1. Sustainable growth of the Dairy Industry will deliver enormous economic benefits for rural Ireland with this regard a national milk pool of 10 billion litres per annum by 2025 is achievable. (Aim for in excess of 3% annual growth in Dairy output from 2020 onwards- continues to promote rural economy - also we must out perform inflation by at least 1% )

2. Sustainability / Climate Change


  • How can Ireland build on existing policies and standards to promote more sustainable agriculture, forestry and fisheries and to meet our national, EU and international commitments in these areas? How do we reconcile these actions with the need to optimise food production, economic growth and job creation ?

  • In the context of the development of the agri-food sector to 2025, what specific actions should be taken by farmers/fishermen, processors and the State on:

    • Greenhouse gas emissions and sequestration

    • Air, water and soil quality

    • Biodiversity

    • Bioenergy development

    • Sustainable fisheries and aquaculture

  1. The Nitrates Directive must be adapted to optimise Irelands natural advantage to grow grass efficiently and to its maximum potential. This should be subject to good science using soil and water quality analysis. The adaption of Moorepark research and the promotion of best soil management systems to maximise grass growth. Encouragement of grass measuring skills amongst farmers and allowances for adequate chemical fertilizer on high growth farms with proven adaption of Teagasc best soil management systems.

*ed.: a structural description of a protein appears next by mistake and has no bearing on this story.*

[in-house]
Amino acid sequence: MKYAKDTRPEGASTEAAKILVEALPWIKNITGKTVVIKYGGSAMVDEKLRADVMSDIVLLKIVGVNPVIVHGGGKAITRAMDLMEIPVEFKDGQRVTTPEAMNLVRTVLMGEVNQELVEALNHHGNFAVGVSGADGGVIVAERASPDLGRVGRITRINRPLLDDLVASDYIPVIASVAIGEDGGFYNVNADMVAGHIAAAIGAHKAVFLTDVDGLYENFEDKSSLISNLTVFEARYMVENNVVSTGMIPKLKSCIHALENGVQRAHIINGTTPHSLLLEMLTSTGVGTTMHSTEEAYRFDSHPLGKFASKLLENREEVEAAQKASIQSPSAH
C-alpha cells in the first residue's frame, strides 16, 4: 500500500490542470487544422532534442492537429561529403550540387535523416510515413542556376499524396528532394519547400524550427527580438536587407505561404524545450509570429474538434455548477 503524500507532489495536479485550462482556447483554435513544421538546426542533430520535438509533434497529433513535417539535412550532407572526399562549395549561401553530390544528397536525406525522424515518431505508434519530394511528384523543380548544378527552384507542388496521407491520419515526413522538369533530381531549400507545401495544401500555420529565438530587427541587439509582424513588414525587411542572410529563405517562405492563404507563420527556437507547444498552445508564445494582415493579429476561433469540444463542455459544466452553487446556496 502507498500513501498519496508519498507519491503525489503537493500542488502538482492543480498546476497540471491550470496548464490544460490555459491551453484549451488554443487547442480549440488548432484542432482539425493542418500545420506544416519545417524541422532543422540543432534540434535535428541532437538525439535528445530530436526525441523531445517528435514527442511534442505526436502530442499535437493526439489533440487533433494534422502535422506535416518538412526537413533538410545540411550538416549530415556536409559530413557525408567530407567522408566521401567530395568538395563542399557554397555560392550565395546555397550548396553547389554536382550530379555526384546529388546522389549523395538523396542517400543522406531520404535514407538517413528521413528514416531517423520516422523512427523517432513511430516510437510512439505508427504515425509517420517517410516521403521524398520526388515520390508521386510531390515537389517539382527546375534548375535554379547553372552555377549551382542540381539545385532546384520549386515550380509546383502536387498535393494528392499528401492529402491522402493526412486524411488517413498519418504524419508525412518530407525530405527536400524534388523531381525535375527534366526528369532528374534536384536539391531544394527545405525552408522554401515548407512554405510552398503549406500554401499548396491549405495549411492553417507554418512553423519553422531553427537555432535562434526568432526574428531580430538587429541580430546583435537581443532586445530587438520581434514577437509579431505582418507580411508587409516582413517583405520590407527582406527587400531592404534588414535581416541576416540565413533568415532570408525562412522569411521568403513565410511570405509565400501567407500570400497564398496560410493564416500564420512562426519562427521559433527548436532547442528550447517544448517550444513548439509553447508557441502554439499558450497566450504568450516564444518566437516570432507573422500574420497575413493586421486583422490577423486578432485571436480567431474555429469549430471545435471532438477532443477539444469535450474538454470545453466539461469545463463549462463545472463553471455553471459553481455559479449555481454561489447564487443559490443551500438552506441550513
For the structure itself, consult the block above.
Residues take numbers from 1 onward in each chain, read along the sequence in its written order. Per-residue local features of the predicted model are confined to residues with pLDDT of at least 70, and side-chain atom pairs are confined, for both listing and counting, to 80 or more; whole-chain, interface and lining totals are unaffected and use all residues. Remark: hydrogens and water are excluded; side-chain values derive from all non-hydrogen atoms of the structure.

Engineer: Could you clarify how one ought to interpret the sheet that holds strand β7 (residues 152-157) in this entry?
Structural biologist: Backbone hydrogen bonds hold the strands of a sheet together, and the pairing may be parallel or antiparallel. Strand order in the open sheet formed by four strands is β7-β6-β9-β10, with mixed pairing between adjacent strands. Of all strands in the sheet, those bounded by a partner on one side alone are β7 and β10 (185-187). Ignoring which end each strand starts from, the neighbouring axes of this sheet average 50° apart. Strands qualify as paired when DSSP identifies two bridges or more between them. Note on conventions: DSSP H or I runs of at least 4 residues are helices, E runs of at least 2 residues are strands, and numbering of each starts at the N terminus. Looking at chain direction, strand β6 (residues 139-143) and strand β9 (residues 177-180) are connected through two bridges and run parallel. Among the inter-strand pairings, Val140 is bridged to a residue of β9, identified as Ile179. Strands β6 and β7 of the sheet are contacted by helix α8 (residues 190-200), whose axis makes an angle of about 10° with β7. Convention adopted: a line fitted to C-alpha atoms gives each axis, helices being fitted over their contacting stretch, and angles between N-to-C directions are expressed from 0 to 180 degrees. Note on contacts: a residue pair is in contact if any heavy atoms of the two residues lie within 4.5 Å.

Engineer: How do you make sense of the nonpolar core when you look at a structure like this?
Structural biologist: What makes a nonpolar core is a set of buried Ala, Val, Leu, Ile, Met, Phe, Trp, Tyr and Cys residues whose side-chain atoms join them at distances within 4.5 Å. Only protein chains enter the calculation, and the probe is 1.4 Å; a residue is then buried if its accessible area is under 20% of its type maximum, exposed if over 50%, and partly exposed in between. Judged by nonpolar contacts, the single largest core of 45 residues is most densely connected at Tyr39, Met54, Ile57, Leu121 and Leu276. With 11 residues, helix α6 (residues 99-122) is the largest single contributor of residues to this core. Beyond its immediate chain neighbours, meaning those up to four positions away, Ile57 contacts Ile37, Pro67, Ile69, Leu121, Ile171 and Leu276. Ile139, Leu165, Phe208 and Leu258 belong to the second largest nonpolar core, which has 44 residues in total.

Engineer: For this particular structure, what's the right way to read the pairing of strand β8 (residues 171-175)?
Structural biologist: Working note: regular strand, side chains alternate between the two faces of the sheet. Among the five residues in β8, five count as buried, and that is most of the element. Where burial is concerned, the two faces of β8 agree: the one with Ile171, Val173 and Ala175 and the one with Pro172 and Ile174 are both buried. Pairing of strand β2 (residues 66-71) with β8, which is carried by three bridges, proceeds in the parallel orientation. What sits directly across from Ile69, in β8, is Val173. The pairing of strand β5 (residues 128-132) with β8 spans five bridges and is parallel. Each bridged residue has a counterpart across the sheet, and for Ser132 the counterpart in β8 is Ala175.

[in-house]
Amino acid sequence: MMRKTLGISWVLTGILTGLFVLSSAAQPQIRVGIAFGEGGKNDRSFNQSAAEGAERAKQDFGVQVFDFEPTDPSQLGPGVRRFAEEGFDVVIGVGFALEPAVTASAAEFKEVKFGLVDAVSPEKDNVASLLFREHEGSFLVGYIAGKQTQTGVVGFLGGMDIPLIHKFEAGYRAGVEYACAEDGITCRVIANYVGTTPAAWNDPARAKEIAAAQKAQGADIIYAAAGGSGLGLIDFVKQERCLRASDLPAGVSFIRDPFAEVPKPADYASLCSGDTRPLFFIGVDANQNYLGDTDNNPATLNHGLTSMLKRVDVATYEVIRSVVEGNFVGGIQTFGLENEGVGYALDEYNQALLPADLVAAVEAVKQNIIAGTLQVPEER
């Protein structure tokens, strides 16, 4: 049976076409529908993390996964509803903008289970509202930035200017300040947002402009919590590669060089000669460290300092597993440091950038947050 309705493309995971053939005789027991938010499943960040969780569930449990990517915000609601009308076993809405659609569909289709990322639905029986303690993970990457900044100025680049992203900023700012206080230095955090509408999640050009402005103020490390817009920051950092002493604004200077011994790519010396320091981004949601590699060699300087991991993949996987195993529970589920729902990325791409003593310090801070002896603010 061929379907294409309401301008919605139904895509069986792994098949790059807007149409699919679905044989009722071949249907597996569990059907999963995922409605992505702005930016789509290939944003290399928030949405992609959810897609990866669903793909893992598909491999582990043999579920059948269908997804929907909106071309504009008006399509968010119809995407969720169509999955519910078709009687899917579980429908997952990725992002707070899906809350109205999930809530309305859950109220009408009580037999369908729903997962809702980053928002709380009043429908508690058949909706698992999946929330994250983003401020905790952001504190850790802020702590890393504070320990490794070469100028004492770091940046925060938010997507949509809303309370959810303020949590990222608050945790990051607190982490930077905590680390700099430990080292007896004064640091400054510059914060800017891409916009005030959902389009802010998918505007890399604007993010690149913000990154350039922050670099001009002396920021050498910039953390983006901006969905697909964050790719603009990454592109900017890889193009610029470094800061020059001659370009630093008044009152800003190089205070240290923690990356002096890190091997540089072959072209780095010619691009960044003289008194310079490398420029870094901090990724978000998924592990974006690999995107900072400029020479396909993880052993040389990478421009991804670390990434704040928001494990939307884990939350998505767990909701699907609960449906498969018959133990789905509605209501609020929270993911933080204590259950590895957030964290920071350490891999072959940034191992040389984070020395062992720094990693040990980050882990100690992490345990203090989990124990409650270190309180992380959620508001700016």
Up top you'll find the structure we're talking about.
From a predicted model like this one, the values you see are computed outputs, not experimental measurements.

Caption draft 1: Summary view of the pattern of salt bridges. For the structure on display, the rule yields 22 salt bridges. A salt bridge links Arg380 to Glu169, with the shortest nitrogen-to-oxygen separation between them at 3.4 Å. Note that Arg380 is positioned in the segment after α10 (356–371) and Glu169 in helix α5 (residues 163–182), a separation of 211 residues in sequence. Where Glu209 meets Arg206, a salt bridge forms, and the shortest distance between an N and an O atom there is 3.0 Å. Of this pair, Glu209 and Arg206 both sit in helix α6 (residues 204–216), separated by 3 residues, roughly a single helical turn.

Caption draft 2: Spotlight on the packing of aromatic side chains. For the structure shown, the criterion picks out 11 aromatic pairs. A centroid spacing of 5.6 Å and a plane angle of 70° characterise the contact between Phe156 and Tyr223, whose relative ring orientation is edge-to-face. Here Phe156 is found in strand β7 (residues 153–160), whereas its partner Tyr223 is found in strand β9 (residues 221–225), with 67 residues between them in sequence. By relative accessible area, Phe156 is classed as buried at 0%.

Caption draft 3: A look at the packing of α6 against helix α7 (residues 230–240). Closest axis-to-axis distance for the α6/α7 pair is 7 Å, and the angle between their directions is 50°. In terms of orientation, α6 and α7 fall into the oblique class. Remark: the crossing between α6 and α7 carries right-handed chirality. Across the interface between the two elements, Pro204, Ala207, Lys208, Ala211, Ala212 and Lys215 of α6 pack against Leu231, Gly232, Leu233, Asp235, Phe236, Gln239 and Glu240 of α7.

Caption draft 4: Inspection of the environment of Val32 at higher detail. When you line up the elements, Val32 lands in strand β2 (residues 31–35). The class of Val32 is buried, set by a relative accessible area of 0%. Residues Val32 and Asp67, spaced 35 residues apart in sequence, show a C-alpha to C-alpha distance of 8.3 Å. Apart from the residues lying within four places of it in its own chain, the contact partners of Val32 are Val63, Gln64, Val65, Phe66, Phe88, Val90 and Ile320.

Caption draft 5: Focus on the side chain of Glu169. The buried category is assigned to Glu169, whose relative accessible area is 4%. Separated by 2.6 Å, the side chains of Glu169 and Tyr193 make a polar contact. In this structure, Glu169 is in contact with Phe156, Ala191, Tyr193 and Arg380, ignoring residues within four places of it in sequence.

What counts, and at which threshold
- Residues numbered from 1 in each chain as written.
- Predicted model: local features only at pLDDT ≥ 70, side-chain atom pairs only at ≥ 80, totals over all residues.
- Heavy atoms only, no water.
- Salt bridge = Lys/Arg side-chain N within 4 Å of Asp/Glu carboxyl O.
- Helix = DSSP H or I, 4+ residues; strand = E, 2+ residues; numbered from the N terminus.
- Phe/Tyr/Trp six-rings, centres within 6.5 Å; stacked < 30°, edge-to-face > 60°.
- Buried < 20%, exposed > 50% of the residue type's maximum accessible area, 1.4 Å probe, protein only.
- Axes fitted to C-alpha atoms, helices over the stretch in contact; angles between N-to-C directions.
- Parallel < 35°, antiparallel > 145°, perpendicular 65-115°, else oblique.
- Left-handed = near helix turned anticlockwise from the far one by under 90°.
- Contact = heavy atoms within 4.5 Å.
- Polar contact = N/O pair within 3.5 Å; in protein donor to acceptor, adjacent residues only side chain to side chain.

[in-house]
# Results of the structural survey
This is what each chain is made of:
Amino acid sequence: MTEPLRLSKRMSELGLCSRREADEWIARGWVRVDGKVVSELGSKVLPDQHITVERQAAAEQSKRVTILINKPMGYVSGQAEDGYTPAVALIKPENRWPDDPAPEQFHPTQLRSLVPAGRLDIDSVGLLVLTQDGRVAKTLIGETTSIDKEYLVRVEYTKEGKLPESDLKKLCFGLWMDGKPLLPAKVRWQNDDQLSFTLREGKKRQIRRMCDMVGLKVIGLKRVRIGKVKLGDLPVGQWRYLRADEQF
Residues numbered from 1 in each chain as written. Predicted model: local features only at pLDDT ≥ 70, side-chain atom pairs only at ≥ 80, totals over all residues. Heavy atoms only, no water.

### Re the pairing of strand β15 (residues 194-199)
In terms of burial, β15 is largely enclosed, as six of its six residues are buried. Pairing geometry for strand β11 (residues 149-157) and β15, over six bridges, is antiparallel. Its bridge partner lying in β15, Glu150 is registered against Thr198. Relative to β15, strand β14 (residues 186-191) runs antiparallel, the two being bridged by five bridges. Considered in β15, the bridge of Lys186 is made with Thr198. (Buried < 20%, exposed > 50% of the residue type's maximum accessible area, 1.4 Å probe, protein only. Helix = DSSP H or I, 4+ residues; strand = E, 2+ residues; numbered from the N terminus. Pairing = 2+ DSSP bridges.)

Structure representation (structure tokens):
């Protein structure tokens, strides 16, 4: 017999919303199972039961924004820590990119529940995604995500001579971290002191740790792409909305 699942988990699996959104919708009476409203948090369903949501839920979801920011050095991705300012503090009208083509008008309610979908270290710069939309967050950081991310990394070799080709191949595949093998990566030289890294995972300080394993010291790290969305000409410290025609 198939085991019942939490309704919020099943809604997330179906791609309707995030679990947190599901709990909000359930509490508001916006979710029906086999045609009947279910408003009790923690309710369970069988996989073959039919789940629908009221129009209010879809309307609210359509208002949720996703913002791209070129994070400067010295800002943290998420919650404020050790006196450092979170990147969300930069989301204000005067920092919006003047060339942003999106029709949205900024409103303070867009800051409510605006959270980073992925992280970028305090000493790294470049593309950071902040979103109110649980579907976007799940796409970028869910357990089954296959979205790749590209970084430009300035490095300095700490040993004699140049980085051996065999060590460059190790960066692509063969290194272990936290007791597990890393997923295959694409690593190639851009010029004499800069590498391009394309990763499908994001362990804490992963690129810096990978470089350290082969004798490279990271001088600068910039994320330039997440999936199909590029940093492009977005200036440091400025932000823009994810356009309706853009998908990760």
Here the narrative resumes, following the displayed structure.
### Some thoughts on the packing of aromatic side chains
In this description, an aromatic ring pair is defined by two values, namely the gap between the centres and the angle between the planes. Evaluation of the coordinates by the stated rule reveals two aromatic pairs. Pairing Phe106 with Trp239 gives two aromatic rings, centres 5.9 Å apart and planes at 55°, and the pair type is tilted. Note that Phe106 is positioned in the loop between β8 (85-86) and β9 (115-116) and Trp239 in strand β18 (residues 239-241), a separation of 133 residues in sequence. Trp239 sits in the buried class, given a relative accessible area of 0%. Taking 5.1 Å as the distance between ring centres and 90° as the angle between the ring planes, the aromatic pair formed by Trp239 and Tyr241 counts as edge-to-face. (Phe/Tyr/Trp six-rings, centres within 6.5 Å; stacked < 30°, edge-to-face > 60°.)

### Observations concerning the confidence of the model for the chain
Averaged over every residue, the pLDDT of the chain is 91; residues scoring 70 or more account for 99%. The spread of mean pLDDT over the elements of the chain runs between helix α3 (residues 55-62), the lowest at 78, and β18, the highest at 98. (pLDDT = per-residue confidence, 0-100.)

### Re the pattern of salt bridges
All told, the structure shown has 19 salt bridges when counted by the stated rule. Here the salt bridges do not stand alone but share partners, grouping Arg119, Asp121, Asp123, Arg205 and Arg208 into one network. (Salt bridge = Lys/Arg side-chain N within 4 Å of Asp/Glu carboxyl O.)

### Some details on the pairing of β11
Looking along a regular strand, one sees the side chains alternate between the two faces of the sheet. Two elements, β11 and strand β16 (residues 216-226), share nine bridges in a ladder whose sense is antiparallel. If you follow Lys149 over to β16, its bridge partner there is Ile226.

1. Promote our green image abroad but also need to match our total grass output potential with livestock – this will give efficient use of our inputs and natural grass growing ability - if we don’t do it some other country will, which is less environmentally friendly and more costly.

  1. The grassland hectare must be registered as a carbon sink and extra allowances made for extra grass growth per hectare. Hedgerows must also be classified as carbon sequesters in line with forestry.

  1. Formation of a National Policy (one agency) encompassing soil water and air quality, this policy framework must encourage the expansion of dairy output in an environmentally and economically sustainable format. Education of farmers within this policy on the importance of biodiversity.

3. Global market context including opportunities for FDI


  • What major changes/challenges are likely to emerge in the global market for food and drink in the period to 2025?

  • How could Ireland be better placed to compete in the global market over the next decade?

  • Should Ireland seek to better identify and target high value niche markets, and if so how?

  • Should we encourage increased international investment (FDI, Joint Ventures) in our agri-food industry and/or develop strategic alliances with partners in rapidly growing markets?

  1. A national and centralised policy to deal with food scares, this must encompass stringent and transparent testing at all industry levels (one weak link threatens the entire industry). Government must focus funding towards the elimination of animal diseases and support for agencies such as AHI (Animal Health Ireland) is critical in achieving a transparent disease free status.